So finally, when our client did approach us, saying, hey, now we got some money or the funding is right around the corner, our option at the time was to just completely rebuild the upper portion of the mast to install what we thought would be the best option at the time, which would be a different, more, again, a traditional antenna array. We thought that was unfortunate because not only for the reduction in performance, but the existing antenna array that we were to retrofit, it had a large piece of unused real estate on the lower portion of its mast. We were just thinking, what a waste. If only, we could utilize that existing space. Plus, if we couldn't, we'd have to rebuild the upper portion of the mast entirely, and that would be expensive. Not only the redesign, but all the mechanical analysis that would have to be redone. You don't want the mast to break so definitely, there's some mechanical analysis that has to be done in redesigning the upper mast. But then, this idea came up of the slot array. And fortunately, we got some time before actual funding took place and was able to do some investigative work and start an IR. This started out as a quick look IR project.
LP: So for our listeners, the IR project, as you mentioned before, is internal research funding, funded by Southwest Research Institute for research and development. So this fell under that umbrella of SwRI-funded technology. And I, also, wanted to go a little bit further into the slot array, which we have talked about, but can you describe that a little bit more for us?
PS: It's known as the complement to the dipole array. And like we said earlier, Wheeler's concept involved tightly-spaced, small dipole elements. And so this is-- maybe you can think of it as just the inverse of that, where the slot element comes into play. Again, in the field, it's called the complement of it. | so, it's really, literally, just a slot in a big piece of metal that you feed at multiple points across that slot.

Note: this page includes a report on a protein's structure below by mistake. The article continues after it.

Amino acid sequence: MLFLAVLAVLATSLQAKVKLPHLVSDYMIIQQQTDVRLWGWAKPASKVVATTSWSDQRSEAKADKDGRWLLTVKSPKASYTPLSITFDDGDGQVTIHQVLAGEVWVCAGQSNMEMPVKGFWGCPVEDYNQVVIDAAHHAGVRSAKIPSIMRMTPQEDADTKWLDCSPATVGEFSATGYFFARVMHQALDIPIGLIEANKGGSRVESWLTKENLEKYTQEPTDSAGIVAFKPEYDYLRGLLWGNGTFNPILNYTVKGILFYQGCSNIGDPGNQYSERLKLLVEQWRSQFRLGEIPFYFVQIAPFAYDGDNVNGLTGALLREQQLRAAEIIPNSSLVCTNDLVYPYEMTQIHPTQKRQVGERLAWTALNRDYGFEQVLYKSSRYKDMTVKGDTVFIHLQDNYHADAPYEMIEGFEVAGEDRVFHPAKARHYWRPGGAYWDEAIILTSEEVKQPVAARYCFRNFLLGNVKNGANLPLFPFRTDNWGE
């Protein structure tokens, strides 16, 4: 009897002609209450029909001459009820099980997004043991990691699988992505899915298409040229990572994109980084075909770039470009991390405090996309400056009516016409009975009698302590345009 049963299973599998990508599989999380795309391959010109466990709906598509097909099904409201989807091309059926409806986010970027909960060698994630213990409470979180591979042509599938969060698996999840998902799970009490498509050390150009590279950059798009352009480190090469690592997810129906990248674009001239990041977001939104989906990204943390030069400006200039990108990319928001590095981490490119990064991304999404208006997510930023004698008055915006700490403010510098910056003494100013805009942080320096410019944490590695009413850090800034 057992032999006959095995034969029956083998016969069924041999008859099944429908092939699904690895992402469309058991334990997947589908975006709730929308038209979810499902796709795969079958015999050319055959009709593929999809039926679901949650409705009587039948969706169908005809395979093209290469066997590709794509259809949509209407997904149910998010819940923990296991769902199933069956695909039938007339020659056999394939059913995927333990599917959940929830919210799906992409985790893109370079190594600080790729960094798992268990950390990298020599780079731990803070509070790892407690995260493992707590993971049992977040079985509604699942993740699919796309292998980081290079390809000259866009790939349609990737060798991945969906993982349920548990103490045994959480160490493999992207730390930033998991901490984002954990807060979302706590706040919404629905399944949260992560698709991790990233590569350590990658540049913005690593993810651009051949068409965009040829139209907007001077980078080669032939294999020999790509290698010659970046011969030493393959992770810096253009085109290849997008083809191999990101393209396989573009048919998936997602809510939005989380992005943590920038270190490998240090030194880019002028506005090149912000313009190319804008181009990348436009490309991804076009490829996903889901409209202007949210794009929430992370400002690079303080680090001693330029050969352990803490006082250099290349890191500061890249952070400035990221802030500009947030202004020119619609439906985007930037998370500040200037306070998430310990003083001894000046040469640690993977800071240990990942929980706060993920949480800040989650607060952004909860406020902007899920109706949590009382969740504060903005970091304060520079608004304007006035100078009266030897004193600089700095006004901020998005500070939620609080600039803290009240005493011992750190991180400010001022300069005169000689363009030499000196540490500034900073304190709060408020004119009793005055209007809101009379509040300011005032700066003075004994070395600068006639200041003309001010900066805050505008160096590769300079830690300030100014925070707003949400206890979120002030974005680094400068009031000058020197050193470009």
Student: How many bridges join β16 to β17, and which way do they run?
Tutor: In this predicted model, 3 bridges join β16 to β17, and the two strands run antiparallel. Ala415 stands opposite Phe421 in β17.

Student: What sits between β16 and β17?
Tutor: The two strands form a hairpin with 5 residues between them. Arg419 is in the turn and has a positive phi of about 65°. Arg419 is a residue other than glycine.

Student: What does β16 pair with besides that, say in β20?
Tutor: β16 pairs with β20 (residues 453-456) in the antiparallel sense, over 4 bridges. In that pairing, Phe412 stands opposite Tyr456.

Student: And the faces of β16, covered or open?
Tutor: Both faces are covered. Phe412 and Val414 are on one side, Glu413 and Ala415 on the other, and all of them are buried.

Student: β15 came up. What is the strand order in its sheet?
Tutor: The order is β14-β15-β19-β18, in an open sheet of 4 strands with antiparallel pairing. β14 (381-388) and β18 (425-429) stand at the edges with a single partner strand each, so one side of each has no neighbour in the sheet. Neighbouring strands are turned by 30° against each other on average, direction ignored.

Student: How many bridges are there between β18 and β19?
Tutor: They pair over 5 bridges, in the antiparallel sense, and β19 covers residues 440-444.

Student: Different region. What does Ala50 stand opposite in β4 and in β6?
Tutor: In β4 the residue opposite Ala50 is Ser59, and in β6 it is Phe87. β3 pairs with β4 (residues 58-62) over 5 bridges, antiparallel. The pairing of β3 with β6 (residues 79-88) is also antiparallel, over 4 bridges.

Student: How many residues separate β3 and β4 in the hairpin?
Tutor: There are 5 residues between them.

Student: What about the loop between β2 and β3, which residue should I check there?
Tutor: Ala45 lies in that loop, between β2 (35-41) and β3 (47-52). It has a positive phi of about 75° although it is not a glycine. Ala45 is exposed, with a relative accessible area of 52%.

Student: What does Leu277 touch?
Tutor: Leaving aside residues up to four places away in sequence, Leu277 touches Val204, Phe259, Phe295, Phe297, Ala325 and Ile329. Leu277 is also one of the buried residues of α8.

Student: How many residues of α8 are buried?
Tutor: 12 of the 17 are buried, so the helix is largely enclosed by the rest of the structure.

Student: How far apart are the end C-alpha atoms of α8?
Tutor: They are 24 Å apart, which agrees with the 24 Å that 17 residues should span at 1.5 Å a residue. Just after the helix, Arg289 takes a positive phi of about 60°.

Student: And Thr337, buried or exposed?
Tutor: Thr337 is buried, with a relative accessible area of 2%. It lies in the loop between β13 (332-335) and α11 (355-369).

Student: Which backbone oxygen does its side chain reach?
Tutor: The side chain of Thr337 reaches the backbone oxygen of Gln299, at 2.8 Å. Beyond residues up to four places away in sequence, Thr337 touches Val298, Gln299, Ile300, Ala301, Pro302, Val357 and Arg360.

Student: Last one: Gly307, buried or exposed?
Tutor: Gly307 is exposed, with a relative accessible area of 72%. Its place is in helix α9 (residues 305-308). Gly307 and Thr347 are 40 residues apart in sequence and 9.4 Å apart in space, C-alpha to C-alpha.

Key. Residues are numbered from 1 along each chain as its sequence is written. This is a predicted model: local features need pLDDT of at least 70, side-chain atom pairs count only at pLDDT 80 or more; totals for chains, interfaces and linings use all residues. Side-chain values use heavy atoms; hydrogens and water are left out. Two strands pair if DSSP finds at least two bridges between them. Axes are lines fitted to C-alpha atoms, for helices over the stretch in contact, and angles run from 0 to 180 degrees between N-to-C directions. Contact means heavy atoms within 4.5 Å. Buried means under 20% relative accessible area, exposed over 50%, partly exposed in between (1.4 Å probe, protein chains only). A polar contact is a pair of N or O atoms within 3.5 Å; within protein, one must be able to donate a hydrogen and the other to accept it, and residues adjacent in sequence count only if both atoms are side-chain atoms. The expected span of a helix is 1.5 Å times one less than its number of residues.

LP: When you did finally get that moment of, hey, I think we have an idea that works here? What was that moment like?
PS: Well, it was like, wow, something that may work. And of course, the first thing is, let's go after an IR-- internal research-- for this effort because the theory, the numerical modeling is showing positive here, but we definitely want to build some to make sure we're not missing something.
LP: Yeah. So you went--
PS: Build a proof of concept.
LP: So you went for it and found success. So that leads us to why we're here today, winning that big award. Tell us about the moment you found out your technology won the R&D 100 Award. How did that feel? And what does the award mean to your team?
PS: Well, it was really exciting. Never really won anything before, except for, maybe, perfect attendance certificates in grade school.
LP: And this topped that, I'm sure.
PS: Actually, I was in travel in Italy at the time. There was definitely a little delay in reading my emails. So it did come across to me as an email.
LP: Not a bad place to get good news.
PS: No. I guess, that's true. Definitely had to go celebrate over a beer with my colleagues.
PS: But again, it was very exciting.
LP: Yeah. It's exciting for the entire Institute when we pick up another R&D 100 Award, so we all celebrate the team and the technology. Is the antenna currently deployed on Naval ships? And what's next for the technology? What do you envision for the future?
PS: Yeah. Our existing client that we designed this originally for, it is being installed in their class of ship. Right now, there's been two systems or antenna arrays delivered. And it's part of a retrofit process. So this is going to be over a five-year period that they retrofit their entire fleet.
LP: And this is not the end. This is only the beginning. So what's next--
PS: We hope. For sure. Yeah.
LP: --so what's next for the technology? What do you envision for the future?